Multiple transverse OCT images were acquired through the intact TM over a 5 × 5-mm area spaced 40 µm apart. Figure 3 shows a typical specimen with the TM dissected after OCT imaging. Images were displayed on a logarithmic intensity scale, with the least backscattered areas shown in white and the most backscattered areas shown in black.
Ex vivo OCT images of the human middle ear taken through the auditory canal as consecutive cross sections perpendicular to the malleus, from the neck to the manubrium, are shown in Figure 4. The TM can be identified, and the layered nature of that tissue is also evident. Also visible are the manubrium of malleus, the long process of incus, the chorda tympani nerve, and the tendon of the tensor tympani muscle.
Volume reconstruction of a data set of ex vivo OCT images of the human middle ear is shown in Figure 5. The set consisted of 142 images spanning a total volume of 5 × 5 × 5 mm. The data were then rendered using simple projection algorithms included in an image processing package (NIH Image; National Institutes of Health, Bethesda, Md). The 3-dimensional nature of the structures identified in Figure 4 is visible from different viewing angles. False color was used to highlight different structures for clarity.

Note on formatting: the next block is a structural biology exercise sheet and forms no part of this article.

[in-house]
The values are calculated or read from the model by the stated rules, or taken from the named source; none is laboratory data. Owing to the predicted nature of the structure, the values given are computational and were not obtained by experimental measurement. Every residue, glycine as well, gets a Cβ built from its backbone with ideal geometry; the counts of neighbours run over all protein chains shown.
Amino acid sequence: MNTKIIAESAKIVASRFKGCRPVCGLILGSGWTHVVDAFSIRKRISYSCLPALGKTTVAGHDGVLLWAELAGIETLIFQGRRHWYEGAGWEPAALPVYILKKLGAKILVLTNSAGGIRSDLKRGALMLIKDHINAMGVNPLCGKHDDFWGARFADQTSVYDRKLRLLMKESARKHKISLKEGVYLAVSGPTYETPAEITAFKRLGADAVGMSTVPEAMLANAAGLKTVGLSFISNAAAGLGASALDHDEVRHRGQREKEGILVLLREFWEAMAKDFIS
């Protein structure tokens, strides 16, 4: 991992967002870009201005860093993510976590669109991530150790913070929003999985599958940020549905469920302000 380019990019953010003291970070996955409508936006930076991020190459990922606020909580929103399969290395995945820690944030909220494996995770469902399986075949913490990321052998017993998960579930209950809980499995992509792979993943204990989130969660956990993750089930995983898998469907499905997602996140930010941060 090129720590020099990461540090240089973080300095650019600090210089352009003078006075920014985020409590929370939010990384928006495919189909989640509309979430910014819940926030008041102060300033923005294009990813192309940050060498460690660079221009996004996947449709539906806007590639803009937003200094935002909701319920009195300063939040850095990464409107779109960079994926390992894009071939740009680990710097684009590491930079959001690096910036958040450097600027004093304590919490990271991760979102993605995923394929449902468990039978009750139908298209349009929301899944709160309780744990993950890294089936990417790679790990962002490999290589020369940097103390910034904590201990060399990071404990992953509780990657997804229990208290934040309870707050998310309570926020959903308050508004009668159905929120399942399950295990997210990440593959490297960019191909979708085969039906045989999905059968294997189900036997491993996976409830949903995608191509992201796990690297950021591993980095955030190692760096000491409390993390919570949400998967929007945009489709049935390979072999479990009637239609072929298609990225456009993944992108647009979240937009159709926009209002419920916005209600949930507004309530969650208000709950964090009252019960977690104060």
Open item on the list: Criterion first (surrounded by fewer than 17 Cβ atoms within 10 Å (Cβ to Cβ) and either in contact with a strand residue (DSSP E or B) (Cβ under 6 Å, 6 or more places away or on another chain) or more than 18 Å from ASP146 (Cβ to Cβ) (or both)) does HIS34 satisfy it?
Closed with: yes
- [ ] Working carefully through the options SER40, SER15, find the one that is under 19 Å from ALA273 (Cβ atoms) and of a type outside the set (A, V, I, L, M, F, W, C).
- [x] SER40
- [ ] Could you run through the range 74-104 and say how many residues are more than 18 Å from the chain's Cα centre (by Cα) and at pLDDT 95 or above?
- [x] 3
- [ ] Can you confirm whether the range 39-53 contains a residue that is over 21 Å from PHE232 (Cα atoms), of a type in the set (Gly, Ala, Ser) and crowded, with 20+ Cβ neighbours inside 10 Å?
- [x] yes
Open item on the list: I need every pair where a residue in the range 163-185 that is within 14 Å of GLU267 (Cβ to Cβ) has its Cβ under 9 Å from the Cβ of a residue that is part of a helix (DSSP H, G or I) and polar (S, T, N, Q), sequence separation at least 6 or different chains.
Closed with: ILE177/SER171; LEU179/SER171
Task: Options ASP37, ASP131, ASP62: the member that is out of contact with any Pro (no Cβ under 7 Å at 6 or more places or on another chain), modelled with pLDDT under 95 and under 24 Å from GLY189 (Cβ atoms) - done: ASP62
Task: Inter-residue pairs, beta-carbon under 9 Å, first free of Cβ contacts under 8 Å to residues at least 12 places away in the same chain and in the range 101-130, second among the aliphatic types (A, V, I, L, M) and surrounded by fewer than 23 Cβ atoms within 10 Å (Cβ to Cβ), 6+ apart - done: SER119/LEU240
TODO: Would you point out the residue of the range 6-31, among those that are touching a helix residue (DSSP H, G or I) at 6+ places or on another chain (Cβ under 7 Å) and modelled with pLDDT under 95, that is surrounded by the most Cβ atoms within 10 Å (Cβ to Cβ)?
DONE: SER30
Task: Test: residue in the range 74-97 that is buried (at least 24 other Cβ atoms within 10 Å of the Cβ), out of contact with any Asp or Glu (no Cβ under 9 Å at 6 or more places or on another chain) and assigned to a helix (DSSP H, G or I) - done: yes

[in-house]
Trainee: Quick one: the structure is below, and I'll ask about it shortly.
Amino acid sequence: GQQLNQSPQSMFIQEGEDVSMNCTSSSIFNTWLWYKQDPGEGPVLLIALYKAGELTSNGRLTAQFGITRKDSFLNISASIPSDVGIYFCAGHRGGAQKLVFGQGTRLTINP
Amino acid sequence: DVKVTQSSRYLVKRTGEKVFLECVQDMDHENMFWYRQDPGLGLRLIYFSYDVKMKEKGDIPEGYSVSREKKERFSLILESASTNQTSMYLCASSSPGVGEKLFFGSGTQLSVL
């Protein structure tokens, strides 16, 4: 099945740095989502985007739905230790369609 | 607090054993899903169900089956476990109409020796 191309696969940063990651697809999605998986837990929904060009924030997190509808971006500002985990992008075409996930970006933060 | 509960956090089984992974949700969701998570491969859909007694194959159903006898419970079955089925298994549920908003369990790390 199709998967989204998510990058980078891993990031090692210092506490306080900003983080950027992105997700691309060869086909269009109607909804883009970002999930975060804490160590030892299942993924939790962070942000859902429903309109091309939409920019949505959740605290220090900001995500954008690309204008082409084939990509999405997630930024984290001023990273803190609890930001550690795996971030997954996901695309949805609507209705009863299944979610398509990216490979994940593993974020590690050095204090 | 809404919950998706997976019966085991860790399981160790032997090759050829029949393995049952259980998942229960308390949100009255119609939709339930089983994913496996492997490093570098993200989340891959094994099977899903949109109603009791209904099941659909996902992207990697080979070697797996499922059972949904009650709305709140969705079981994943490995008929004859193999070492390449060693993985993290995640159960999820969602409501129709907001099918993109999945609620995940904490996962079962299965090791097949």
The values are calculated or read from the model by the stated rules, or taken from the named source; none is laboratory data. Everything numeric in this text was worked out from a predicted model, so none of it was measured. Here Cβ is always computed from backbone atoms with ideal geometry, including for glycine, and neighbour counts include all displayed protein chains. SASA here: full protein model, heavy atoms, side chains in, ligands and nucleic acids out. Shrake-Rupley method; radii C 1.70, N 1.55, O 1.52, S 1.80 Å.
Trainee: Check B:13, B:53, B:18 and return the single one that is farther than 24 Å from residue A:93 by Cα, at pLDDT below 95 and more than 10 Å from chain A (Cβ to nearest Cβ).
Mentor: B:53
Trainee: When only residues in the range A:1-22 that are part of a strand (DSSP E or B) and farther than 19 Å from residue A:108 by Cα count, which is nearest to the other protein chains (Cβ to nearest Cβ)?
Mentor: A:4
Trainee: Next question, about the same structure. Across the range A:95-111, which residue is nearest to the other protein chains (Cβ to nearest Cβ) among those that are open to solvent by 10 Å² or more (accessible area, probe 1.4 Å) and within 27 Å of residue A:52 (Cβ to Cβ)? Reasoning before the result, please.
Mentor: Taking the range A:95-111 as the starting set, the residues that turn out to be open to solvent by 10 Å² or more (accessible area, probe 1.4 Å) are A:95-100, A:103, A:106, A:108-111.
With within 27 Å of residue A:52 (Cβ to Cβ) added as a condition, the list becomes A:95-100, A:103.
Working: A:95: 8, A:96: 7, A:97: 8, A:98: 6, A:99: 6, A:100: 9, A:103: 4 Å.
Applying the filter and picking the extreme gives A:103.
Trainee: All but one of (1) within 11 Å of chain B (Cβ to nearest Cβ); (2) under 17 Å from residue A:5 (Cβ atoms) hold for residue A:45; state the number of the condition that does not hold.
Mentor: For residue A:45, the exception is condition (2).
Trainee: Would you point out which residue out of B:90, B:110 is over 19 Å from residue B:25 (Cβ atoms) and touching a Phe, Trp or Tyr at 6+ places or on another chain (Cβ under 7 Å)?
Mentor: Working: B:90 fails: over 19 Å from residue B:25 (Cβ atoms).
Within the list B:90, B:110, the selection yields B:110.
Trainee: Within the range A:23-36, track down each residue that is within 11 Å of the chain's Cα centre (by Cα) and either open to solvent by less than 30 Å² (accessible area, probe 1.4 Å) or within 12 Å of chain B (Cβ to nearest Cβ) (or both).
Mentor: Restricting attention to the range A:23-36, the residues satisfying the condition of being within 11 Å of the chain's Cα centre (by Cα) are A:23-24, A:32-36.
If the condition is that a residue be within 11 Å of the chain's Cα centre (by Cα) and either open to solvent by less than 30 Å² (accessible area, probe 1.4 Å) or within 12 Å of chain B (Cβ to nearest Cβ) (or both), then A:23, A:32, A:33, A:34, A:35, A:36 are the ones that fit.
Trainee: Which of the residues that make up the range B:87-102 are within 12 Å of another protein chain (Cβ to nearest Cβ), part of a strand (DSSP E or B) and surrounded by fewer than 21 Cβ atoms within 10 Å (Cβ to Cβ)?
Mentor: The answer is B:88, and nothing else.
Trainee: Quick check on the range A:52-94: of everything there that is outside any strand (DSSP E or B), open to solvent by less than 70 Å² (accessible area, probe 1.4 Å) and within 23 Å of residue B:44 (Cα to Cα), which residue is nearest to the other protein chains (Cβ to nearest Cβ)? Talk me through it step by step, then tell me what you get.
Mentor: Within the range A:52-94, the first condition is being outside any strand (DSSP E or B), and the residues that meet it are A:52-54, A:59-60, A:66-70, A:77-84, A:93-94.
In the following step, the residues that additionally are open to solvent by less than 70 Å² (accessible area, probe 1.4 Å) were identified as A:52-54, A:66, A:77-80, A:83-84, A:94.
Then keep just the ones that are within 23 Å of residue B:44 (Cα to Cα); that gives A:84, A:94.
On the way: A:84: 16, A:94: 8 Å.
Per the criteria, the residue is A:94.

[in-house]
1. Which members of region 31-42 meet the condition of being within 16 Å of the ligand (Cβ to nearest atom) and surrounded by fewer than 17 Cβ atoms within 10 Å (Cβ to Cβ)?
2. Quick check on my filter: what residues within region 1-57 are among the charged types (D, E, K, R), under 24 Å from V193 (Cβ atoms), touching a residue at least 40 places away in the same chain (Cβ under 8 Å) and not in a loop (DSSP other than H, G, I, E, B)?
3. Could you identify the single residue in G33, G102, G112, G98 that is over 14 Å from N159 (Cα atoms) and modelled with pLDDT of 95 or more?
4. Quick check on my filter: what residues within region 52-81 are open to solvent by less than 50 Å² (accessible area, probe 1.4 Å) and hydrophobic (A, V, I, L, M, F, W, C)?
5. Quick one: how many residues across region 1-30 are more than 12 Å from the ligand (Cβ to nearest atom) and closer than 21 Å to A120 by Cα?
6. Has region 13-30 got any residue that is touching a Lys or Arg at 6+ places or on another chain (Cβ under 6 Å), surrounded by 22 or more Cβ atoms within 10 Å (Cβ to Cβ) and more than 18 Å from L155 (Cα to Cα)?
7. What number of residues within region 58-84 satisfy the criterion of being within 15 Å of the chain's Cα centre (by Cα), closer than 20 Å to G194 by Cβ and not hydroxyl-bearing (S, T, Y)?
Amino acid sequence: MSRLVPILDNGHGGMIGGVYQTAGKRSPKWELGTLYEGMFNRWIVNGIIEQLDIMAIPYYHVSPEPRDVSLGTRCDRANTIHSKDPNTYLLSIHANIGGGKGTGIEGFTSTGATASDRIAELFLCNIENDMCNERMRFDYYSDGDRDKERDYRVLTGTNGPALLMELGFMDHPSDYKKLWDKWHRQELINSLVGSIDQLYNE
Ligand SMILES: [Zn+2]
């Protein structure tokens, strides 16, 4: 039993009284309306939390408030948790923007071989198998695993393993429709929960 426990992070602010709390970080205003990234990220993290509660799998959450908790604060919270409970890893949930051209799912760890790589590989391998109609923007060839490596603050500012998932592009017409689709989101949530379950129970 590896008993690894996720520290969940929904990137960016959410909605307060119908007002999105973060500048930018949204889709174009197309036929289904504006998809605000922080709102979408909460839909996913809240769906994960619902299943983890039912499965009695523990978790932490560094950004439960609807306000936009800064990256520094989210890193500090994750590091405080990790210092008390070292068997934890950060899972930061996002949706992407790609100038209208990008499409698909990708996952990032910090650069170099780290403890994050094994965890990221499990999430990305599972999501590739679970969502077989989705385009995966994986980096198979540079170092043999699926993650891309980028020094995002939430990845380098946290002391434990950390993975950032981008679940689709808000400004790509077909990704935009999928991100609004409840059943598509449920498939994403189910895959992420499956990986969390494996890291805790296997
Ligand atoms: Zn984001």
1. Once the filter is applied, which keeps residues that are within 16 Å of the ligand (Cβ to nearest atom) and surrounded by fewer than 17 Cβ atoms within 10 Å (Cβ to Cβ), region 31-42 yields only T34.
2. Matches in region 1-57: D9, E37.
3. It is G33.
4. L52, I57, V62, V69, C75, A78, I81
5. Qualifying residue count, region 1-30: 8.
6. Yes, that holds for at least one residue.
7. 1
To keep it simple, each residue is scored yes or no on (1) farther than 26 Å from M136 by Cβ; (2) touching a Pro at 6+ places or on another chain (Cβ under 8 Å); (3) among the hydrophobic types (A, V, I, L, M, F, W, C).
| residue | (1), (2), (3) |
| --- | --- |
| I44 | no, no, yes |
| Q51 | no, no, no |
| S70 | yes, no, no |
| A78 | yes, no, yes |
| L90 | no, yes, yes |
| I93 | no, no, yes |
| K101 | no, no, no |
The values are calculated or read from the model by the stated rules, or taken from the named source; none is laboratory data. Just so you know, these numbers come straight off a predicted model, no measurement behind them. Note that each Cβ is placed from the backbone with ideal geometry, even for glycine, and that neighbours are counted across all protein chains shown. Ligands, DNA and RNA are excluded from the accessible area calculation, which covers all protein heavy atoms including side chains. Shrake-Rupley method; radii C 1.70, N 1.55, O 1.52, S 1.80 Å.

This work demonstrates the feasibility of OCT for cross-sectional and 3-dimensional imaging of middle ear structures without the need to perforate the TM. Images correlated well with gross anatomy. The primary focus of this study was to demonstrate the feasibility of OCT imaging of normal tissue. Additional studies will be required to examine the ability to assess different abnormalities and pathological conditions in vitro and in vivo.
The advantage of OCT is that cross-sectional imaging of structures in the middle ear can be performed noninvasively through the intact TM. However, because the TM is not optically transparent, the image quality is less than if the structures were directly optically accessible by myringotomy. Transverse resolution degrades when structures are imaged behind the TM because of optical scattering and aberration effects. There is a decrease in signal for structures imaged behind the TM because of optical scattering. Attenuation of the optical signal limits the depth of penetration of imaging in most solid tissues to 1 to 2 mm. These effects are observed in the OCT images shown in Figure 4. Increased scattering in superficial structures can also prevent light from reaching lower structures, resulting in "shadowing," similar to that observed in ultrasound imaging. Shadowing artifacts are observed in Figure 4 behind dense structures such as the malleus and incus. Finally, there are also depth of field limitations for imaging structures outside the focal plane of the image. Increased depth of field can be achieved by scanning the focus of the lens similar to C-mode scanning in ultrasound.